What is a spin-off?
A spin-off is the creation of a new company from part of an existing one. It's spun off as an independent business in its own right, and shareholders in the original company will usually be given stock in the new entity.
Where have you heard about spin-offs?
Spin-off are a regular occurrence in the business world as companies restructure their organisations to appease shareholders. Two of the more familiar ones were Expedia's spin-off of TripAdvisor and eBay's spin-off of PayPal.
What you need to know about spin-offs.
There are several reasons for spin-offs. It might be regulatory, with the original firm ordered to break itself up on competition grounds. It could also be prompted by shareholders who believe a separate share listing would unlock more value. Or it might be because a company has grown too big, so splitting off the new entity will allow both the existing and new firms to focus more profitability on their core businesses.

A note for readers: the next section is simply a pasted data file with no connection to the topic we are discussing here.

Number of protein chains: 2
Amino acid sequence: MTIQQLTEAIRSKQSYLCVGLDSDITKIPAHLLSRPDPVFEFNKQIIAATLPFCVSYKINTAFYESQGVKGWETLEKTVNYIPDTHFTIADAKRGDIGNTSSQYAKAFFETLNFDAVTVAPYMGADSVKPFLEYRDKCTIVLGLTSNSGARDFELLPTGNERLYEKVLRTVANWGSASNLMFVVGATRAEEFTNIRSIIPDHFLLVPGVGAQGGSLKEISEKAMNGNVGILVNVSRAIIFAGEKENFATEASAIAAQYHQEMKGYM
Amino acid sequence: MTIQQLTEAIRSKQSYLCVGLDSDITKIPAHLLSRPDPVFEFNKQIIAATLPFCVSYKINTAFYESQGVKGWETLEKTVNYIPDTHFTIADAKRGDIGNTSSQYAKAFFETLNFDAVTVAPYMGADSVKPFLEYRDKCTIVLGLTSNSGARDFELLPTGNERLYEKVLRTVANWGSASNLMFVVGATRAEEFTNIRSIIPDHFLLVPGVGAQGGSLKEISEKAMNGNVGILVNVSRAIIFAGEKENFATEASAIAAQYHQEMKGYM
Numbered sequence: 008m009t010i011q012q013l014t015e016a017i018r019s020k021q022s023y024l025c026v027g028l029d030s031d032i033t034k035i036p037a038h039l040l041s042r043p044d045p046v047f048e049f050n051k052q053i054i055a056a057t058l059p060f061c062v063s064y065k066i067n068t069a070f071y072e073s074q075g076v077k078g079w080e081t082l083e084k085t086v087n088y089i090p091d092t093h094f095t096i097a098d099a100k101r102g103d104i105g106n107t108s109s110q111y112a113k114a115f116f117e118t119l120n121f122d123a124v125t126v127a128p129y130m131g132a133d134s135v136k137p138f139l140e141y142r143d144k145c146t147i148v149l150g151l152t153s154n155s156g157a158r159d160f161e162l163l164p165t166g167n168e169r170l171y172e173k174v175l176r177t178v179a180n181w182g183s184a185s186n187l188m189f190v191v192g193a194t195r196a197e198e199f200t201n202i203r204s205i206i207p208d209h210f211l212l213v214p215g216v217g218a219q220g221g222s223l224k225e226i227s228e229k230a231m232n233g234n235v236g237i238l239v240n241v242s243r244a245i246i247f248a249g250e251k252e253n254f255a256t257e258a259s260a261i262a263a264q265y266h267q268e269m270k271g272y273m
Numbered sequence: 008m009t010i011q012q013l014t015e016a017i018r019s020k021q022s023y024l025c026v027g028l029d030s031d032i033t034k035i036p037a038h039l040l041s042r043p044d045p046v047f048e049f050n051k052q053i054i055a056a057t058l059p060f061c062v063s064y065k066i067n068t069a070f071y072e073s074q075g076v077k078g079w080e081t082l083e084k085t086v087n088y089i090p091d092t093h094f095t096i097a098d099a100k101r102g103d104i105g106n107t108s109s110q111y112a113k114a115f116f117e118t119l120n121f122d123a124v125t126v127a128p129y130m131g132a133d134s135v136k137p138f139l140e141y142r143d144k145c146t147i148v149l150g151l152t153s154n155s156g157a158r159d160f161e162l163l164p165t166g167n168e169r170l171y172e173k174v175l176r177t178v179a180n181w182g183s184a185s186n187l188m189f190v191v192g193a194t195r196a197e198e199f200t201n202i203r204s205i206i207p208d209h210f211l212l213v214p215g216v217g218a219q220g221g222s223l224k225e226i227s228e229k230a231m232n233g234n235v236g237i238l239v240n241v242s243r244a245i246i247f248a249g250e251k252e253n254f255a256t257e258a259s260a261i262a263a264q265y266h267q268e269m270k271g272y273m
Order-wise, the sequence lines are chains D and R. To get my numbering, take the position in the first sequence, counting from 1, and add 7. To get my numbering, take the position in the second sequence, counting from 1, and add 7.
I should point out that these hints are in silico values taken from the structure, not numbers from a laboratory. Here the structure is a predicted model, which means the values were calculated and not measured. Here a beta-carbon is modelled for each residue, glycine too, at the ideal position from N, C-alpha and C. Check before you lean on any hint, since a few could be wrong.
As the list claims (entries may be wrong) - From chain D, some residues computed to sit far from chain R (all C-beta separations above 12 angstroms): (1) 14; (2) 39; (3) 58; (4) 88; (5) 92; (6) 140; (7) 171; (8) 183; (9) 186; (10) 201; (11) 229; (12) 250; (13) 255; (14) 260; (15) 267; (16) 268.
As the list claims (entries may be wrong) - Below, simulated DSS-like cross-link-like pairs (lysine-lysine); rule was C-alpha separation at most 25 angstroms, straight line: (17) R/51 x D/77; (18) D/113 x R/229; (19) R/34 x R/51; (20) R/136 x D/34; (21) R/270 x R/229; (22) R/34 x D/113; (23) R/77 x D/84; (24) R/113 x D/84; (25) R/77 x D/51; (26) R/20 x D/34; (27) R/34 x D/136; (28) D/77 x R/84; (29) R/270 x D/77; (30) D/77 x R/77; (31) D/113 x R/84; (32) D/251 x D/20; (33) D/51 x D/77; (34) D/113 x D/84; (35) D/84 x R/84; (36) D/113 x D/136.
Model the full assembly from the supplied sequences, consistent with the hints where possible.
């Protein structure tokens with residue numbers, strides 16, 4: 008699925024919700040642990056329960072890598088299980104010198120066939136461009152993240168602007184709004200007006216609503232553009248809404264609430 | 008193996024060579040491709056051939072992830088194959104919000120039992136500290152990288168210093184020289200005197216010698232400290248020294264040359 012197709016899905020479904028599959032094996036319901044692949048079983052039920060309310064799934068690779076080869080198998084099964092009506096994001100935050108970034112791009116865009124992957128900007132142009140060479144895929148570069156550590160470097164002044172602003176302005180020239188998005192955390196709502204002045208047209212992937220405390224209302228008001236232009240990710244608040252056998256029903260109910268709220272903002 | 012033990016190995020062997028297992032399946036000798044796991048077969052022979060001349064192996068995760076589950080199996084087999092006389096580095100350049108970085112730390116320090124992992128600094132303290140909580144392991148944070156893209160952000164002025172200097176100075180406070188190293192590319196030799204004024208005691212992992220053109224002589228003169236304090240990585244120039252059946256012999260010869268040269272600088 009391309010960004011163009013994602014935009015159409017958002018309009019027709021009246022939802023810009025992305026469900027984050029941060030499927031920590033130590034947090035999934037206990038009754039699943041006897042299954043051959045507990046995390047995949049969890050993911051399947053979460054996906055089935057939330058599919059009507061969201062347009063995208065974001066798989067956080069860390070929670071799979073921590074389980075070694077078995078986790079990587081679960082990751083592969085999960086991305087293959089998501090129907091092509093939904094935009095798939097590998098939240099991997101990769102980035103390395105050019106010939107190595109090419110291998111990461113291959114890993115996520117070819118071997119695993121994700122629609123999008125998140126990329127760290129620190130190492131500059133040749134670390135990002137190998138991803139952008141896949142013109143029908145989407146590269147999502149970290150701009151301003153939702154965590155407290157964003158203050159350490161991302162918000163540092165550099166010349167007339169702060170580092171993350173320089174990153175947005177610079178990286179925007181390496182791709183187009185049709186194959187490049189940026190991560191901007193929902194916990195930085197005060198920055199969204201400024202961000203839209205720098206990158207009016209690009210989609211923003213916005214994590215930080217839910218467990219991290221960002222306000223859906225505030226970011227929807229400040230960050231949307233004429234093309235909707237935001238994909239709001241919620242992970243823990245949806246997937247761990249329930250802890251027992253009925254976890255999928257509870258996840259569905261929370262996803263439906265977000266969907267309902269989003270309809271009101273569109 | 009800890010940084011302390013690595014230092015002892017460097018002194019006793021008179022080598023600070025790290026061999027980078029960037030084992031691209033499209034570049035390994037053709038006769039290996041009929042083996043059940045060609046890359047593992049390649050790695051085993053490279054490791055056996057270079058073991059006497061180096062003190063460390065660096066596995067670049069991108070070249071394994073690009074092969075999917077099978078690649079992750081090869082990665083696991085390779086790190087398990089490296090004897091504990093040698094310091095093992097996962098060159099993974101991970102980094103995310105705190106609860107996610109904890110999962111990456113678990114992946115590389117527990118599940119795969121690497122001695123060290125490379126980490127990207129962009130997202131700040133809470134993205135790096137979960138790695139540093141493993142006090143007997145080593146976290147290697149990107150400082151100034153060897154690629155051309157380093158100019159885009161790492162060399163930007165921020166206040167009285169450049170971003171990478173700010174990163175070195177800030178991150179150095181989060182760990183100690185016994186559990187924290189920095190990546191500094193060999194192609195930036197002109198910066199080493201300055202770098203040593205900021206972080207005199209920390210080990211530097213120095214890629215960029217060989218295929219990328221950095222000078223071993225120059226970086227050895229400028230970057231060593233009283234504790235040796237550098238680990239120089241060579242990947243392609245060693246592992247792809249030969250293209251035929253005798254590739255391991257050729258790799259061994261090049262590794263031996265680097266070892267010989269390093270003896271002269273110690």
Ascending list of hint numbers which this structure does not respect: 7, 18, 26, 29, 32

If you hold shares in a company proposing a spin-off, you can either keep any shares on offer in the new company or sell them once trading begins.
Find out more about spin-offs.
Read our definitions of carve out and split off for similar terms to describe company divesting.